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Laramie Movie Scope:
Meet Joe Black

Have we gotten to the ending yet, mom?

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by Robert Roten, Film Critic
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November 29, 1998 -- "Meet Joe Black" is a movie that just never seems to go anywhere and it never seems to end and all of its characters seem to be asleep. This story is not lively and it is not fast-paced. Some plants grow faster than this story develops.

The story is a modern retelling of the old "Death Takes a Holiday" film made in 1934, but it is about three times as long as that one was. Death, in the person of megastar Brad Pitt, decides to take human form to see what it is like on the other side of the veil. He persuades multimillionaire William Parrish (Anthony Hopkins) to show him around in return for a few extra days of life.

Parrish doesn't want to be bothered with being a tour guide, so death takes up with his pretty young daughter, Susan (Claire Forlani of "The Rock," "Basquiat" and "Mallrats"). Parrish doesn't like that, either (he doesn't seem to like much of anything. You would think Death would have picked someone more upbeat for a guide).

Parrish and Death have harsh words. You would think that Death would always have the last word, but not this time. Pitt gives a very low-key performance as Death, a guy who knows the IRS code by heart, knows how to speak with a Jamaican accent, but knows nothing about peanut butter.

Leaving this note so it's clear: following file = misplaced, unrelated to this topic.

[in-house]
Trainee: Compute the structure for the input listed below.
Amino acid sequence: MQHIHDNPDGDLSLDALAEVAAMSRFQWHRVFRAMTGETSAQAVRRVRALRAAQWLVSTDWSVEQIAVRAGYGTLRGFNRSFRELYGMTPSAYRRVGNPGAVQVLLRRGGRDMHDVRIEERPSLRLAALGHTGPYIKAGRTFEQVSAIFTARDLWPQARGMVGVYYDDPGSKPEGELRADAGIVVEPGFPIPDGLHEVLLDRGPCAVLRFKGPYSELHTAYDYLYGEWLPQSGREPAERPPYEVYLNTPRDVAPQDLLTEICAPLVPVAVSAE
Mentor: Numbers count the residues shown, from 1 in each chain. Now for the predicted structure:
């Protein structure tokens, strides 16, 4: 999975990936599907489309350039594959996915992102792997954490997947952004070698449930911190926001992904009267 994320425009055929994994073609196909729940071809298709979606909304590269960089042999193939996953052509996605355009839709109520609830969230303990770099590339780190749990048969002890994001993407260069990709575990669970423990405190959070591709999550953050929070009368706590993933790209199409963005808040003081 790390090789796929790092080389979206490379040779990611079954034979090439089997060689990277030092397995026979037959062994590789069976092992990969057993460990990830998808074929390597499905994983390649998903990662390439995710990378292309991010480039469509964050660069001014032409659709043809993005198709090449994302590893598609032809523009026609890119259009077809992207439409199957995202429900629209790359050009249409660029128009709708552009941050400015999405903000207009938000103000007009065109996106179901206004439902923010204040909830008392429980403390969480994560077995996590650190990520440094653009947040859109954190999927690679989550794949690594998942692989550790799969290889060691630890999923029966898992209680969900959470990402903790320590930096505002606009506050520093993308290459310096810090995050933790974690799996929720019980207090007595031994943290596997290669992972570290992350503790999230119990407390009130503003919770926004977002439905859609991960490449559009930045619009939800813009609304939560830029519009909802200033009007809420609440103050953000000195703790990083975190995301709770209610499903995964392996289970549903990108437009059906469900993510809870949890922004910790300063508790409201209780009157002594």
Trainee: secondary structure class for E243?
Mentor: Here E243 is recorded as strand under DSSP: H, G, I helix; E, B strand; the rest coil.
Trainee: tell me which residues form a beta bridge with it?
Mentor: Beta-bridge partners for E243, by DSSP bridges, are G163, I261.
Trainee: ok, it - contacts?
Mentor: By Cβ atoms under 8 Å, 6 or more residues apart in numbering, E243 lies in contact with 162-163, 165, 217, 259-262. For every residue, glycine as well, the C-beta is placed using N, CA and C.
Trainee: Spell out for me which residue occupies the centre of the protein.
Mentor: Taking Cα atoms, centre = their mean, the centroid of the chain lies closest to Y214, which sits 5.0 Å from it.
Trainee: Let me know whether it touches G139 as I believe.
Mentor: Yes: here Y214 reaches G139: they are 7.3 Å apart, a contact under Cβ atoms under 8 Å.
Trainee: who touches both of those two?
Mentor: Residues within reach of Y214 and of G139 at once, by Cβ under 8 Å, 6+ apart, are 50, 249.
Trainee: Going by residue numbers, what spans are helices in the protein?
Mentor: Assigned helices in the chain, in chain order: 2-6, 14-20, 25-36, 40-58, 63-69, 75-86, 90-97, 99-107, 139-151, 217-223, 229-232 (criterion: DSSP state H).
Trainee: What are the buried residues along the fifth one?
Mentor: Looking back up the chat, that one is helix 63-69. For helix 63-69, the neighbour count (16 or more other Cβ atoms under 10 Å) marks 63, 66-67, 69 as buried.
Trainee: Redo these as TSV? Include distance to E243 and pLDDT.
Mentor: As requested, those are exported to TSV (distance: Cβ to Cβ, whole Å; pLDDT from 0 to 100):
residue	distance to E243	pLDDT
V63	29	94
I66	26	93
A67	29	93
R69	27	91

There are some fine actors in the film in addition to Pitt, Hopkins and Forlani, there's a sparkling performance by Marcia Gay Harden, who plays Allison, Parrish's older daughter who lost the sibling rivalry war (she appeared in "Flubber, "Desperate measures") to her sister Susan. The relationship between Allison and her father is about the only believable one in the film. Harden brings a little energy to her role, and that's about the only energy in the film.

Jeffrey Tambor plays Allison's lovable looser husband, Quince. The actors try hard, but they just can't pump enough life into this over bloated, somnambulant movie to keep it moving ahead. As Woody Allen said in "Annie Hall," "What I think we've got here is a dead shark." This film rates a C-.

Click here for links to places to buy this movie in video and/or DVD format, the soundtrack, books, even used videos, games and lots of other stuff. I suggest you shop at least two of these places before buying anything. Prices seem to vary continuously. For more information on this film, click on this link to The Internet Movie Database. Type in the name of the movie in the search box and press enter. You will be able to find background information on the film, the actors, and links to much more information.

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Copyright © 1998 Robert Roten. All rights reserved.
Reproduced with the permission of the copyright holder.
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Robert Roten can be reached via e-mail at my last name at lariat dot org. [Mailer button: image of letter and envelope]

(If you e-mail me with a question about this or any other movie or review, please mention the name of the movie you are asking the question about, otherwise I may have no way of knowing which film you are referring to)